The shepherd king

November 11th, 2020

Ezekiel 34:11-16, 20-24; Matthew 25:31-46

Whenever a new monarch has come to power throughout history, people have asked, What kind of king (or queen) will this be? Today we celebrate a king; for today is the day in the church year when we celebrate the reign of Christ. It seems appropriate for us to ask, What kind of king is Jesus? Scripture shows us that Jesus is an unusual kind of king—a shepherd king, much like his ancestor David.

What does that mean? It means that Jesus, in all his glory, lays aside a crown and picks up a shepherd’s crook. In our Old Testament text, Ezekiel reports that God himself will search for his sheep and seek them out. It is interesting that God must seek out his sheep because they have been scattered “on a day of clouds and thick darkness.” Sheep, at the best of times, have very poor eyesight. On a foggy day, they have little chance of finding their way without some guidance. Are we so different from these sheep? We, too, have a tendency to be very shortsighted when it comes to staying on the path we should follow. Sometimes, even with our good intentions, the storms of life scatter us. The good news is that Jesus is still a shepherd king today. Jesus still seeks us out, wherever we may have wandered, to bring us back to the meadow where we can be safe under Jesus’ watch.

As the shepherd finds the sheep, he guides them to green meadows where food and water are plentiful. The shepherd provides for them all that they need. In Ezekiel 34:15-16, God describes this in detail: “I myself will be the shepherd of my sheep, and I will make them lie down, says the Lord GOD. I will seek the lost, and I will bring back the strayed, and I will 361 bind up the injured, and I will strengthen the weak.” A shepherd does so much more for his sheep than simply turning them loose in a hayfield. The shepherd makes sure that they have plenty of rest and goes after the lost sheep, collecting those who have strayed. The shepherd heals those who are hurting and builds up those who are frail. What a promise! Whatever our needs, our shepherd king is already working to meet them.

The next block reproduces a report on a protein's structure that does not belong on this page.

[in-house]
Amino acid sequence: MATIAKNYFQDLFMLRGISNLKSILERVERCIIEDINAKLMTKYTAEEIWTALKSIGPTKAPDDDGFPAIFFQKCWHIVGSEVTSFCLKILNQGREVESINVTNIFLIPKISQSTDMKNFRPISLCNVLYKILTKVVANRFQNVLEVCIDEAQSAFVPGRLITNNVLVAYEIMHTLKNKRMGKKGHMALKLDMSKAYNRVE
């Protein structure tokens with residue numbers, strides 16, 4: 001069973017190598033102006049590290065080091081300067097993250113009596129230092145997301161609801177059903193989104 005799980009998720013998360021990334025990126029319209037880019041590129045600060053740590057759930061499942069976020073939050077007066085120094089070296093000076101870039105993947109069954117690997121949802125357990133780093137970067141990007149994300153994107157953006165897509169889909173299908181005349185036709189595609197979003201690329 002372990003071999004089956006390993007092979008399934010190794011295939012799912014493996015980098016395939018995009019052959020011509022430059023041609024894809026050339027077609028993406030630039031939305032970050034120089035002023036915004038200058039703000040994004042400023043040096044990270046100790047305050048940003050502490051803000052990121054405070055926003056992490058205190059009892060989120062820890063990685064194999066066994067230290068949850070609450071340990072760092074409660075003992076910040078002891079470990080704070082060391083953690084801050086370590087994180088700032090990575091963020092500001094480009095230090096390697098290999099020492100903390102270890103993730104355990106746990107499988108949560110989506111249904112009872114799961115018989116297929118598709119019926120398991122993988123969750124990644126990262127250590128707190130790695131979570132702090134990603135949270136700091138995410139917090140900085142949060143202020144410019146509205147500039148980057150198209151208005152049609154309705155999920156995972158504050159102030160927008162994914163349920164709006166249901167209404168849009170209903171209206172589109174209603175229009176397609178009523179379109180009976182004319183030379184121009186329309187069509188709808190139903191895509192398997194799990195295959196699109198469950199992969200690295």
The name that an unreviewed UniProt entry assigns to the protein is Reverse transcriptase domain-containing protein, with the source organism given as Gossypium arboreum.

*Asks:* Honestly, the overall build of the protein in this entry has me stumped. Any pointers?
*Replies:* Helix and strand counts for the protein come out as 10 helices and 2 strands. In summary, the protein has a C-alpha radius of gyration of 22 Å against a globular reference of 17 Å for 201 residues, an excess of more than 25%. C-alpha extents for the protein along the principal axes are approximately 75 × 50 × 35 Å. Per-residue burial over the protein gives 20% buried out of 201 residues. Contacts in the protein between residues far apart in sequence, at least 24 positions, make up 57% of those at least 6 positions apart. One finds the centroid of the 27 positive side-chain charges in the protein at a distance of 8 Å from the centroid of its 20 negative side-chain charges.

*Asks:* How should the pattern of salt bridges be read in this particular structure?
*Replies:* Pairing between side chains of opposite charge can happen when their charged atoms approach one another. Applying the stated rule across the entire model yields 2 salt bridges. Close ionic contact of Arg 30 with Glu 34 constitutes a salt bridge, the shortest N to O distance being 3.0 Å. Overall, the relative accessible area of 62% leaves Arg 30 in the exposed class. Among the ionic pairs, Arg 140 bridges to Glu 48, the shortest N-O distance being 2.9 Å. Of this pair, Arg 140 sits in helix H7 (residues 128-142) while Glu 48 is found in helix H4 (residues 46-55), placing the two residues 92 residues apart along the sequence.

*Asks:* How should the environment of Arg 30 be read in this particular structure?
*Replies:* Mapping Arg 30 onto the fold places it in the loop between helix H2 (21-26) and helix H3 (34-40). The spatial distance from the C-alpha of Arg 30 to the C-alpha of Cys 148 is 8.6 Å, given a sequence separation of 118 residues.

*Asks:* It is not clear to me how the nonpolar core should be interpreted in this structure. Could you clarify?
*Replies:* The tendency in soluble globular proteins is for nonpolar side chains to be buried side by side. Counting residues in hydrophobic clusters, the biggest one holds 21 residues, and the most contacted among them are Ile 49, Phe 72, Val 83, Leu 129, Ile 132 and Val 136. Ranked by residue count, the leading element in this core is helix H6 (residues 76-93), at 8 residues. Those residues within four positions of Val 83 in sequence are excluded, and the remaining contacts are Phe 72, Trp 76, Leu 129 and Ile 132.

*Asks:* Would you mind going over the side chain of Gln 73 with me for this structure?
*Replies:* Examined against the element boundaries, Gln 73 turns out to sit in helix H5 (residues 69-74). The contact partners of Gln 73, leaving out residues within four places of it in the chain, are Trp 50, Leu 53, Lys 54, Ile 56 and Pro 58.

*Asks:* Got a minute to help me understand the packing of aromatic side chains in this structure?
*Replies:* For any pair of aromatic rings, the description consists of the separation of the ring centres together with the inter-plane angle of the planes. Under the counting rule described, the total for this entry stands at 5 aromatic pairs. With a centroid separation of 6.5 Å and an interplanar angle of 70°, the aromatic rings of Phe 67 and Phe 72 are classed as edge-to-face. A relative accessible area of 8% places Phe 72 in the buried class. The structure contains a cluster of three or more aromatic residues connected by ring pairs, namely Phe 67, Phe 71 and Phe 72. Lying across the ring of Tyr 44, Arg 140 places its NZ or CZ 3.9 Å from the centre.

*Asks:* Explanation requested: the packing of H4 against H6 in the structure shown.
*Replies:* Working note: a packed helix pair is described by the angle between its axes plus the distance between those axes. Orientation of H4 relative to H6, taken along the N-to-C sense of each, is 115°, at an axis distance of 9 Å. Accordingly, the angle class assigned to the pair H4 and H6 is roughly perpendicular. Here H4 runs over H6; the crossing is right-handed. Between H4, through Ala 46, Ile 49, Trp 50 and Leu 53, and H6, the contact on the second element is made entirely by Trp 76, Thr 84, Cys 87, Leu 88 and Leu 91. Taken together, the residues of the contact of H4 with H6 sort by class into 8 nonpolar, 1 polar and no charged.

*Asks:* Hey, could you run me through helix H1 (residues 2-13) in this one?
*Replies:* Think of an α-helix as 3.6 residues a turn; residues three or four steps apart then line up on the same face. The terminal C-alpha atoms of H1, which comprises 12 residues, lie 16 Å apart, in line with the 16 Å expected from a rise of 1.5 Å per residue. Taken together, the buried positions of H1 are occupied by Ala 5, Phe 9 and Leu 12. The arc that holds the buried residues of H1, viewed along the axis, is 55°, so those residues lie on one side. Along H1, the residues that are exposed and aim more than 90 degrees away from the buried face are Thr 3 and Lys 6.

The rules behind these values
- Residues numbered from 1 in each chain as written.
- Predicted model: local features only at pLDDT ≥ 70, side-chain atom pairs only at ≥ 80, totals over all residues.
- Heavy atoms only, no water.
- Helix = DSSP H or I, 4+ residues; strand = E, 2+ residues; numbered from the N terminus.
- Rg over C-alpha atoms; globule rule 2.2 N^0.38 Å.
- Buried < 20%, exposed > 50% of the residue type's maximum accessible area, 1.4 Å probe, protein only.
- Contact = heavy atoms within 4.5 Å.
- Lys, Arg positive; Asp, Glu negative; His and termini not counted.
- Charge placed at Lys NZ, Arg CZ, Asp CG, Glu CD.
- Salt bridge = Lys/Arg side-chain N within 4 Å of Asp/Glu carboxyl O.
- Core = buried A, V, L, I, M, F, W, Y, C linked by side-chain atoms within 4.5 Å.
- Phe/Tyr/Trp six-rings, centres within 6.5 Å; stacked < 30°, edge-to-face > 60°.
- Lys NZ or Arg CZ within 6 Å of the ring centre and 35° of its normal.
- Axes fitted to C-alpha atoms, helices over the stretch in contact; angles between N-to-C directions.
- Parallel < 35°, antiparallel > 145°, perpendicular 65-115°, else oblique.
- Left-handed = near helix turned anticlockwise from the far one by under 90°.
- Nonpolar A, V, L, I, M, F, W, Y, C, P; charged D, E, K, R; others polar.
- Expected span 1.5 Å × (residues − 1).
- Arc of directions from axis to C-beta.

God’s provision is not always what we are looking for, or even what we think we need. The verse we read just a moment ago does not actually end there. It goes on to say, “But the fat and the strong I will destroy. I will feed them with justice.” Sometimes, the shepherd must act as judge, separating the flock. This seems harsh, but it is the shepherd’s love that causes action. “Because you pushed with flank and shoulder, and butted at all the weak animals with your horns until you scattered them far and wide, I will save my flock, and they shall no longer be ravaged.” There are times when the shepherd must guide and lead the sheep along a path they do not wish to follow, in order to make things right for the rest of the flock.

Ezekiel’s words foreshadow today’s New Testament passage in which Jesus tells of his return. Here, the king is in full regalia, shining in glory, sitting on a throne surrounded by all his angels. While Matthew’s image of the king differs from the shepherd of Ezekiel, the king’s actions are the same. The king sorts out the nations of the world, putting some to the right, and others to the left. The criteria for the sorting is also the same. Those who have butted their way through life without regard to the people being pushed away by their actions are chastised. The sheep, those loyal followers of the king, have followed the king’s lead without even realizing that is what they were doing. Their love for the one who cares for them has led them to imitation. Thus, they ask, “Lord, when did we feed you or give you something to drink? When did we ever visit you in the hospital or in jail? When did we provide a home or clothes for you?” The king answers, “Just as you did it to one of the least of these who are members of my family, you did it to me.” The shepherd king leads by example. Just as Jesus spent his time on earth with those society looked down upon, with those who most needed him, Jesus expects his sheep to do the same. Jesus walks along that path and waits for them to follow. This shepherd is not content for his sheep to simply be like other sheep. They have more potential, and so part of his feeding them involves leading them to a truer understanding of who they are and to whom they belong. Only those sheep who truly know their shepherd’s nature are rewarded; only those citizens who honor the king by loving other people will inherit the kingdom God has prepared for them.

And so, we come back to our question: What kind of king is Jesus? Jesus is a king who will seek us out where we are, a king who provides for our every need, a king who corrects us and guides us along the path we must follow. Jesus is a shepherd king who seeks us, feeds us, and leads us so that we can prosper. It is up to us to decide what kind of sheep—what kind of citizens of God’s kingdom—we will be.

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